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Report on Krakatau (Indonesia) — October 1981


Scientific Event Alert Network Bulletin, vol. 6, no. 10 (October 1981)
Managing Editor: Lindsay McClelland.

Krakatau (Indonesia) Small ash clouds

Please cite this report as:

Global Volcanism Program, 1981. Report on Krakatau (Indonesia) (McClelland, L., ed.). Scientific Event Alert Network Bulletin, 6:10. Smithsonian Institution. https://doi.org/10.5479/si.GVP.SEAN198110-262000



6.102°S, 105.423°E; summit elev. 155 m

All times are local (unless otherwise noted)

Explosions resumed 20 October after several months of fumarolic activity. Guy Camus and Pierre Vincent visited the volcano for four hours during the afternoon of 19 October, but noticed no premonitory activity. Explosions began between 0300 and 0400 the next morning. From Rakata Island (about 3 km SE of Anak Krakatau), Camus and Vincent noted 19 explosions in the two hours just after sunrise, before leaving the island. They had seen several others by mid-afternoon during discontinuous observations from a boat. Most were initiated by a "cannon-like" explosion from the main cone, followed by convective growth of an eruption column (typically to 400-600 m, but occasionally to [2] km in height). No noise could be heard on Rakata Island. The explosions usually lasted one to several minutes, but the last one observed by Camus and Vincent as they left the area began at 1511 and continued until 1525. Most of the eruption columns were dark, containing abundant ash but few blocks and no incandescent material. Water vapor could be seen condensing at the top of several eruption columns and lightning was occasionally observed. Ash fell on Sertung Island, about 2 km W of Anak Krakatau.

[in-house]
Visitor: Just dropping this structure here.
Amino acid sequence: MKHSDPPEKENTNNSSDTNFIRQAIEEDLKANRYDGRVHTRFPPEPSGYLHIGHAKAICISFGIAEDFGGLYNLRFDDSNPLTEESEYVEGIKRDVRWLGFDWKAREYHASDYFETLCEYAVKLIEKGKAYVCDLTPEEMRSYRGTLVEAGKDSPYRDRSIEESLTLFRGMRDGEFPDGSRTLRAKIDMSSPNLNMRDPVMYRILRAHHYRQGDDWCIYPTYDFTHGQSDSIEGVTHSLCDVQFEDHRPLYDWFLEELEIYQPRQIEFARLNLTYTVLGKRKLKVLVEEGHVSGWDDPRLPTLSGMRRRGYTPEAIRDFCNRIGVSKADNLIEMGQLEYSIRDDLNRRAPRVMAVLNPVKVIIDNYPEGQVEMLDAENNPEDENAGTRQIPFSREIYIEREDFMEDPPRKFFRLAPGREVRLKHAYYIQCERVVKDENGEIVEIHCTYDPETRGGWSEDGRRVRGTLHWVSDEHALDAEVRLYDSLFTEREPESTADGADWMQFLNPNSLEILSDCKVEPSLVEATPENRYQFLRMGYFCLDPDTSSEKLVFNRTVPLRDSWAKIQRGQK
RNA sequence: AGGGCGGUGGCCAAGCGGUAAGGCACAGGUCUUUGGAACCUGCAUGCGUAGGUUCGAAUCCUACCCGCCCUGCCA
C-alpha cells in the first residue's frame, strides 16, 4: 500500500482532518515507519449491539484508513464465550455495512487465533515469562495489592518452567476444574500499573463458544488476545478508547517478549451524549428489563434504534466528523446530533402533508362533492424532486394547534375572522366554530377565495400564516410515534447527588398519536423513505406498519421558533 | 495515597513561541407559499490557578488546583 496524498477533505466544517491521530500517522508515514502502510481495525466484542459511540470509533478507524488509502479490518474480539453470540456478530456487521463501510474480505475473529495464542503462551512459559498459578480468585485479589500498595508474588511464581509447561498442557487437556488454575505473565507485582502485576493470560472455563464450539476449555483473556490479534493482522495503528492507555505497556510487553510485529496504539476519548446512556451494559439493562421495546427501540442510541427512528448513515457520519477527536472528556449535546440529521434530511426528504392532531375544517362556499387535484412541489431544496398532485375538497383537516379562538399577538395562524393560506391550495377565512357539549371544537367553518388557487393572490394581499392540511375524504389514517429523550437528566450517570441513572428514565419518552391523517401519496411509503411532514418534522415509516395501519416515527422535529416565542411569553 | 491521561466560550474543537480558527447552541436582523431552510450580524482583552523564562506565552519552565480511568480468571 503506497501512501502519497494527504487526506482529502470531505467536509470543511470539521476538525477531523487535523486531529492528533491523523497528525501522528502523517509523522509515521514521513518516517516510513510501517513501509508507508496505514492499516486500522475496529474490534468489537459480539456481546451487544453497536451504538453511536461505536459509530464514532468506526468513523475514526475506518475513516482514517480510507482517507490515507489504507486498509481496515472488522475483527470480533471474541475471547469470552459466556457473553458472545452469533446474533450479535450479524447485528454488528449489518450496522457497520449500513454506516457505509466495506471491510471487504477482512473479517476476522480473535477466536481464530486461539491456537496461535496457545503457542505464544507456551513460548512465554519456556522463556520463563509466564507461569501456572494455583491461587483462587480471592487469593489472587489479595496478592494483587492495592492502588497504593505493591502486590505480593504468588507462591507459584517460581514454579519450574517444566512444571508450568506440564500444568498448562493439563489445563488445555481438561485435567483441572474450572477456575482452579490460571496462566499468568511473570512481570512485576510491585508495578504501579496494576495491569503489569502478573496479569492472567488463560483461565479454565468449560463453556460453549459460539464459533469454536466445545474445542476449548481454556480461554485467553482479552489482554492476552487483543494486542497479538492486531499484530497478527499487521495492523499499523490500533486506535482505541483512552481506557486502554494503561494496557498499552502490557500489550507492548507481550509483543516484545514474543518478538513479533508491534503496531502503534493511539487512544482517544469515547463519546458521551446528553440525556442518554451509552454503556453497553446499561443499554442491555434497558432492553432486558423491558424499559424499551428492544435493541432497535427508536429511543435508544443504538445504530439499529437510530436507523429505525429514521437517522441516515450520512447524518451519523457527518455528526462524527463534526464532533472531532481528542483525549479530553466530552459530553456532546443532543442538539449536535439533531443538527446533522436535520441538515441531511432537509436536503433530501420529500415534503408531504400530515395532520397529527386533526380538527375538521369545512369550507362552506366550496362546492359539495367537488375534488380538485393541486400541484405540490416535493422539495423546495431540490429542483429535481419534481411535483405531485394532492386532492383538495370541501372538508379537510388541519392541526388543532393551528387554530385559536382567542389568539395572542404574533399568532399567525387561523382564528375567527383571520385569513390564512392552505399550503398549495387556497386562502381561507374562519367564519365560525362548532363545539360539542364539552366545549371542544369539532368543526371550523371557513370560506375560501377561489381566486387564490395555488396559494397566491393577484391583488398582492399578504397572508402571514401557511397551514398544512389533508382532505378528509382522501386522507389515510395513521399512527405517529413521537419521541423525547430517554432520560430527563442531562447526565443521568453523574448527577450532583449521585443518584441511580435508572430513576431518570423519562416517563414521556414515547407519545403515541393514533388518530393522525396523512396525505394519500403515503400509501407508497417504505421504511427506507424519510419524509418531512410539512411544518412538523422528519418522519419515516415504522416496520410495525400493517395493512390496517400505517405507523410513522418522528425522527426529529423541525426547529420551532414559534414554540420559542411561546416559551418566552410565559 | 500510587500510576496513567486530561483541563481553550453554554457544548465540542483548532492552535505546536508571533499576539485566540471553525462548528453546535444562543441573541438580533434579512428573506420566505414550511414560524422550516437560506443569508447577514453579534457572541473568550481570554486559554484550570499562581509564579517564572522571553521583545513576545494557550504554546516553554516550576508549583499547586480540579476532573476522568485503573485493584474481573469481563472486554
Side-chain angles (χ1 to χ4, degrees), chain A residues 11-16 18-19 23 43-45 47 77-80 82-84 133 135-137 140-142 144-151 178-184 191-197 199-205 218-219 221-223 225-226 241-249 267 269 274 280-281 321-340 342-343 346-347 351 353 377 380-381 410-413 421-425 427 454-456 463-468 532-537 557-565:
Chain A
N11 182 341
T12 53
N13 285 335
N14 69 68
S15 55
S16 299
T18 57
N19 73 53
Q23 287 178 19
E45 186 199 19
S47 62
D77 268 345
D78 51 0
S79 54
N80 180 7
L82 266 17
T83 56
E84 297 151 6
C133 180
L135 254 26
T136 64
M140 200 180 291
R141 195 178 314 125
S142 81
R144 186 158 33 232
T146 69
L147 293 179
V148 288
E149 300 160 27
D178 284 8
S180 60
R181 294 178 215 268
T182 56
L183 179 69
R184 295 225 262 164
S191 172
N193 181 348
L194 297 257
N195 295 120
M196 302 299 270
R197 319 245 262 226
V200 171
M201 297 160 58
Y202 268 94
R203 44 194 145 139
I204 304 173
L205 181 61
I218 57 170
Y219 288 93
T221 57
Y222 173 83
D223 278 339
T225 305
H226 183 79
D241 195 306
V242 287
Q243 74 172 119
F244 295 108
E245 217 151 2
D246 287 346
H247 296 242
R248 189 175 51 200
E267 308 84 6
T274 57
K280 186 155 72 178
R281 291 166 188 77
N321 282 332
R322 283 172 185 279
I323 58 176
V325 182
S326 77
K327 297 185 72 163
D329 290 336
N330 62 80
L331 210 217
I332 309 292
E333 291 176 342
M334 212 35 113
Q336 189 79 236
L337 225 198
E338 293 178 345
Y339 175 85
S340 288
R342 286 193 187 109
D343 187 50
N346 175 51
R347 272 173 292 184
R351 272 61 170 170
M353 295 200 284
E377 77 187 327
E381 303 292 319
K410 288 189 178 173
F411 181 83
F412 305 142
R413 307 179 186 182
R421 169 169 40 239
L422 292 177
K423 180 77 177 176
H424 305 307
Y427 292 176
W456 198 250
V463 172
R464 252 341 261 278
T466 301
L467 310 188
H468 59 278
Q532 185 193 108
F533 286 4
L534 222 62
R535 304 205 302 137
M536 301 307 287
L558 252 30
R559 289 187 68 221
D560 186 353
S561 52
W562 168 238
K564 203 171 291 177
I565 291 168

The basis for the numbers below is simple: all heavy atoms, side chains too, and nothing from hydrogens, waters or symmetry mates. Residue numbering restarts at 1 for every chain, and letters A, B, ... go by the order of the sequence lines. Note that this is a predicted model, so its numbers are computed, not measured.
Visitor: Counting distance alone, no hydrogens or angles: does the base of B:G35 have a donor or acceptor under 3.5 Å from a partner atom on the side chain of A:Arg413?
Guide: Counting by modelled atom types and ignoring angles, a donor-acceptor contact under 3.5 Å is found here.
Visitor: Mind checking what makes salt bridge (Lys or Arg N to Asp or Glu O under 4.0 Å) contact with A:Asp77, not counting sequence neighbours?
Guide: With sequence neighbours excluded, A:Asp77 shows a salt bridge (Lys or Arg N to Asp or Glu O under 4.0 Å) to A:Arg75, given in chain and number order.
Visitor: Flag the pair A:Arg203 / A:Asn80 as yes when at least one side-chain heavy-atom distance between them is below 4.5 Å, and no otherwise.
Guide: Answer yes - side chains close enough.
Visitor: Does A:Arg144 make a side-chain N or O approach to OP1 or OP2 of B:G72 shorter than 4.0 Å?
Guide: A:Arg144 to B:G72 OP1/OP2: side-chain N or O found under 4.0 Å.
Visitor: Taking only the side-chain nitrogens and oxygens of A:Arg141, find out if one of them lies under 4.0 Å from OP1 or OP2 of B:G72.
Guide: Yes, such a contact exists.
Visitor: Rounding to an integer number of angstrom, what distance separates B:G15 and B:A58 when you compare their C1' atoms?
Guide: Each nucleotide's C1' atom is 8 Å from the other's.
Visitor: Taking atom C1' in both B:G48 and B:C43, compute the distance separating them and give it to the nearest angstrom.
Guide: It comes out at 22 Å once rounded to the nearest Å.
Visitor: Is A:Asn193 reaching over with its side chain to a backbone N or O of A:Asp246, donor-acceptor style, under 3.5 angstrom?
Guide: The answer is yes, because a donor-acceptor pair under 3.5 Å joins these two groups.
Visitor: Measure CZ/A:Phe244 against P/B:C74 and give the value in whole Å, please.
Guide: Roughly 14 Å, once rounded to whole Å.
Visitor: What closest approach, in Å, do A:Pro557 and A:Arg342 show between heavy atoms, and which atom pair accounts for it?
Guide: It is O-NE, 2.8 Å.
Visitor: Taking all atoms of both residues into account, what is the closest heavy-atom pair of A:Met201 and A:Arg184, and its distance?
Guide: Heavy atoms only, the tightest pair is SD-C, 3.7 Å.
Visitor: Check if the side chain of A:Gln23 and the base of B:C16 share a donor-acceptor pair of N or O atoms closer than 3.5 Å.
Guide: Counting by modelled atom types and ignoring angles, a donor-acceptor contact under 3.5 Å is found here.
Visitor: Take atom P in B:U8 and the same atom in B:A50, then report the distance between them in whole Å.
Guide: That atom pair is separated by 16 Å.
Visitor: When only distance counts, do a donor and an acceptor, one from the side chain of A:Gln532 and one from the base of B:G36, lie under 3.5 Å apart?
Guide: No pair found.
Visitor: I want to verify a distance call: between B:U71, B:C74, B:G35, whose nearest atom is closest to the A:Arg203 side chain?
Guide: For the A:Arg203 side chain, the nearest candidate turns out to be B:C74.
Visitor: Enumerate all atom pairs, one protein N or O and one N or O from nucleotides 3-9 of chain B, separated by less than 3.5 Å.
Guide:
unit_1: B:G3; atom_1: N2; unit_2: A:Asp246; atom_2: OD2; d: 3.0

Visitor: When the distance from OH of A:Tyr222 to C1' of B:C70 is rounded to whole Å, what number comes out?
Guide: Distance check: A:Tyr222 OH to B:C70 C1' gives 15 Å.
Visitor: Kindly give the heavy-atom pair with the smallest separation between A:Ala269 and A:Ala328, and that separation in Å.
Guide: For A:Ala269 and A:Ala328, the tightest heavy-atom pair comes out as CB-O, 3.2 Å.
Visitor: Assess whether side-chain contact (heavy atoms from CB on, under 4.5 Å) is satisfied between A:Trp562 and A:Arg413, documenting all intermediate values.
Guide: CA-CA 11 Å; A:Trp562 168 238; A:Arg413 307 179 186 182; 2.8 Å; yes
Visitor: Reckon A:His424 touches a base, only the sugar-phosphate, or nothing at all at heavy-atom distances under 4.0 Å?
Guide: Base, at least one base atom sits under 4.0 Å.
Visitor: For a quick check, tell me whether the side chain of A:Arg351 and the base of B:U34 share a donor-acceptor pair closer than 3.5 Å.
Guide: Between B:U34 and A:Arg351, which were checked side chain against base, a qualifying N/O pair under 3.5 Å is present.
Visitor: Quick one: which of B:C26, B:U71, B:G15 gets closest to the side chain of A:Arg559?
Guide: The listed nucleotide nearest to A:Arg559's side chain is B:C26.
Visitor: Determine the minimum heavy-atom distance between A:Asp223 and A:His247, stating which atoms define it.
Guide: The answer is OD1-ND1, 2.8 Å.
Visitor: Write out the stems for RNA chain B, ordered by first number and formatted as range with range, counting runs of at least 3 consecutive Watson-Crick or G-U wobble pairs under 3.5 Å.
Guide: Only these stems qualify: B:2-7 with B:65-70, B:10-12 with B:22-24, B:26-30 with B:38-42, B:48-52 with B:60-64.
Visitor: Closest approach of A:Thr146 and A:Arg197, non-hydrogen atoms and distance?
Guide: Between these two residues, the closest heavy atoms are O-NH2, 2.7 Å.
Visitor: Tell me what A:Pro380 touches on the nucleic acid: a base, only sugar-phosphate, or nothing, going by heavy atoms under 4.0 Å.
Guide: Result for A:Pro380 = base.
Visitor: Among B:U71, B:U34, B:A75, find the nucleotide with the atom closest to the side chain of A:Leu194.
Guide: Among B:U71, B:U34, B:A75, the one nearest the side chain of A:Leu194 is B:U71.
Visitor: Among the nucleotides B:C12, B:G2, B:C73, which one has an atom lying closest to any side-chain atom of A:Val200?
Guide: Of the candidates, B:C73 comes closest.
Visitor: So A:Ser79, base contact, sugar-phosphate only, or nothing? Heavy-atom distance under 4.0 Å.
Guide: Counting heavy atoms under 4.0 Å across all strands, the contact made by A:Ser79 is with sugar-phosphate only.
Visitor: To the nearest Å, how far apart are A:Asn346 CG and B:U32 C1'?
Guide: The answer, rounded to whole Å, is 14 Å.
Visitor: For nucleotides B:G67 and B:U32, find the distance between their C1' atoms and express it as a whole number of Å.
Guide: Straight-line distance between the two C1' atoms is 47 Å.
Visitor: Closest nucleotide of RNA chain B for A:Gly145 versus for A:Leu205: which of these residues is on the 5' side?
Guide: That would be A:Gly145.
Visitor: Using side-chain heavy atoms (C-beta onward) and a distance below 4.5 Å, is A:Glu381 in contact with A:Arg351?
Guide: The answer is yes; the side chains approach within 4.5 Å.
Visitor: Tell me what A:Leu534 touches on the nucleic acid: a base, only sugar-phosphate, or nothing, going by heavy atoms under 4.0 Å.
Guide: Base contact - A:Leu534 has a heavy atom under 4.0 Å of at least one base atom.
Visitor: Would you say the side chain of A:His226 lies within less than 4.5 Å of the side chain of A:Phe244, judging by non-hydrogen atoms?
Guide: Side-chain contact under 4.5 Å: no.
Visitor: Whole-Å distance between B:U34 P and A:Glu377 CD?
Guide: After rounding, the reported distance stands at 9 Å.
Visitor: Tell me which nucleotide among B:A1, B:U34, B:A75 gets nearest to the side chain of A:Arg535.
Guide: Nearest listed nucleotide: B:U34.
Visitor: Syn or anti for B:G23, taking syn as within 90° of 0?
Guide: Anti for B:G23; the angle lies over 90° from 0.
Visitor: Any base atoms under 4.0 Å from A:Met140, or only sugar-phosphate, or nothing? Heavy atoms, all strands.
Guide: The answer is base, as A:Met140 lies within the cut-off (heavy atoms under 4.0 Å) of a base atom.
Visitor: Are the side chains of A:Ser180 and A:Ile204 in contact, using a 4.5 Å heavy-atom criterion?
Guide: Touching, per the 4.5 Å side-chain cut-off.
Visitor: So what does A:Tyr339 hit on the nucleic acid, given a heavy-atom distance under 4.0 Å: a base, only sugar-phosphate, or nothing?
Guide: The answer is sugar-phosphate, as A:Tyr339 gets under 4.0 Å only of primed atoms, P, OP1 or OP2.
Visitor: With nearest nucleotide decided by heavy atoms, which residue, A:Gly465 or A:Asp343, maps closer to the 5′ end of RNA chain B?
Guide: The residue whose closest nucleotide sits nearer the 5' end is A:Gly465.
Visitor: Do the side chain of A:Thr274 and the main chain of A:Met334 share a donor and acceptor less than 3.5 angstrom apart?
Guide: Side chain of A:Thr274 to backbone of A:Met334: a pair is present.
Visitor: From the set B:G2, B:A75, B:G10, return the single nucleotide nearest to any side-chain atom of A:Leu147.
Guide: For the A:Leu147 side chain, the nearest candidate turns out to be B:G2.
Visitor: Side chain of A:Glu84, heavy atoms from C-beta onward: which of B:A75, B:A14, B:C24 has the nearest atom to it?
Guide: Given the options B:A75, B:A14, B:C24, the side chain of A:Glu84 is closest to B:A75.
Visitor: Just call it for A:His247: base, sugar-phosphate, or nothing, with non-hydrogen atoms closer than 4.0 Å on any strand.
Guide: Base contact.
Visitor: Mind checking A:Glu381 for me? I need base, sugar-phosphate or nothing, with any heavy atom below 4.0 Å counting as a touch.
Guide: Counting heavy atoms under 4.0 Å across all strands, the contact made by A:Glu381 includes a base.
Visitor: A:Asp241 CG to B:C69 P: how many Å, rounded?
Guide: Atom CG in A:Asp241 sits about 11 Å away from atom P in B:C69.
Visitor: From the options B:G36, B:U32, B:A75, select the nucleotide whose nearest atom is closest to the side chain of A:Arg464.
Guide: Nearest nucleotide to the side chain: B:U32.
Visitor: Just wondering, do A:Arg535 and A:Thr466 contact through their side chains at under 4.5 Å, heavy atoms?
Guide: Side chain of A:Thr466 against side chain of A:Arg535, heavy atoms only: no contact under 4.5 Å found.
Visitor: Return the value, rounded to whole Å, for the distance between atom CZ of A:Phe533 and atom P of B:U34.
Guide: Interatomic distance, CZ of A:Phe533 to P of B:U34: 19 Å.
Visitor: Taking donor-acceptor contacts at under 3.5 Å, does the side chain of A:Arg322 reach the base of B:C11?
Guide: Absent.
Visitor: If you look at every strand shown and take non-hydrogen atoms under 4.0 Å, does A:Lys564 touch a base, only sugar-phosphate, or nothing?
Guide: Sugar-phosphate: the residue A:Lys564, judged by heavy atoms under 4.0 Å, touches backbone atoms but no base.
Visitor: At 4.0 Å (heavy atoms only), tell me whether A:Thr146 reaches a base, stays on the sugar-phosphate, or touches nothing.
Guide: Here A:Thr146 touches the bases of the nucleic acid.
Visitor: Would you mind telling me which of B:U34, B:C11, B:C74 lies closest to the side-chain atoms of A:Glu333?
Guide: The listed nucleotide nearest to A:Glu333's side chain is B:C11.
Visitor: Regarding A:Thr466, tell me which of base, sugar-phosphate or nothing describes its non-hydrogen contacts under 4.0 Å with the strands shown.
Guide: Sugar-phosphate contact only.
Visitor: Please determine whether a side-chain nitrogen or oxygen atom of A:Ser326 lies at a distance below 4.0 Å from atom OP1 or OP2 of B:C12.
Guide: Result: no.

Further References. Camus, G., Gourgaud, A., and Vincent, P.M., 1987, Petrologic evolution of Krakatau (Indonesia): implications for a future activity: JVGR, v. 33, p. 299-316.

Siswowidjoyo, S., 1985, The renewed activity of Krakatau volcano after its catastrophic eruption in 1883: Proceedings of the Symposium on 100 Years Development of Krakatau and its Surroundings, Indonesian Institute of Sciences, Jakarta, p. 192-198.

Sudradjat, A., 1985, The morphological development of Krakatau volcano, Sunda Strait, Indonesia: Proceedings of the Symposium on 100 Years Development of Krakatau and its Surroundings, Indonesian Institute of Sciences, Jakarta, p. 141-146.

Geological Summary. The renowned volcano Krakatau (frequently misstated as Krakatoa) lies in the Sunda Strait between Java and Sumatra. Collapse of the ancestral edifice, perhaps in 416 or 535 CE, formed a 7-km-wide caldera. Remnants of that volcano are preserved in Verlaten and Lang Islands; subsequently Rakata, Danan, and Perbuwatan volcanoes were formed, coalescing to create the pre-1883 Krakatau Island. Caldera collapse during the catastrophic 1883 eruption destroyed Danan and Perbuwatan, and left only a remnant of Rakata. This eruption caused more than 36,000 fatalities, most as a result of tsunamis that swept the adjacent coastlines of Sumatra and Java. Pyroclastic surges traveled 40 km across the Sunda Strait and reached the Sumatra coast. After a quiescence of less than a half century, the post-collapse cone of Anak Krakatau (Child of Krakatau) was constructed within the 1883 caldera at a point between the former cones of Danan and Perbuwatan. Anak Krakatau has been the site of frequent eruptions since 1927.

Information Contacts: G. Camus and P. Vincent, Univ. de Clermont-Ferrand.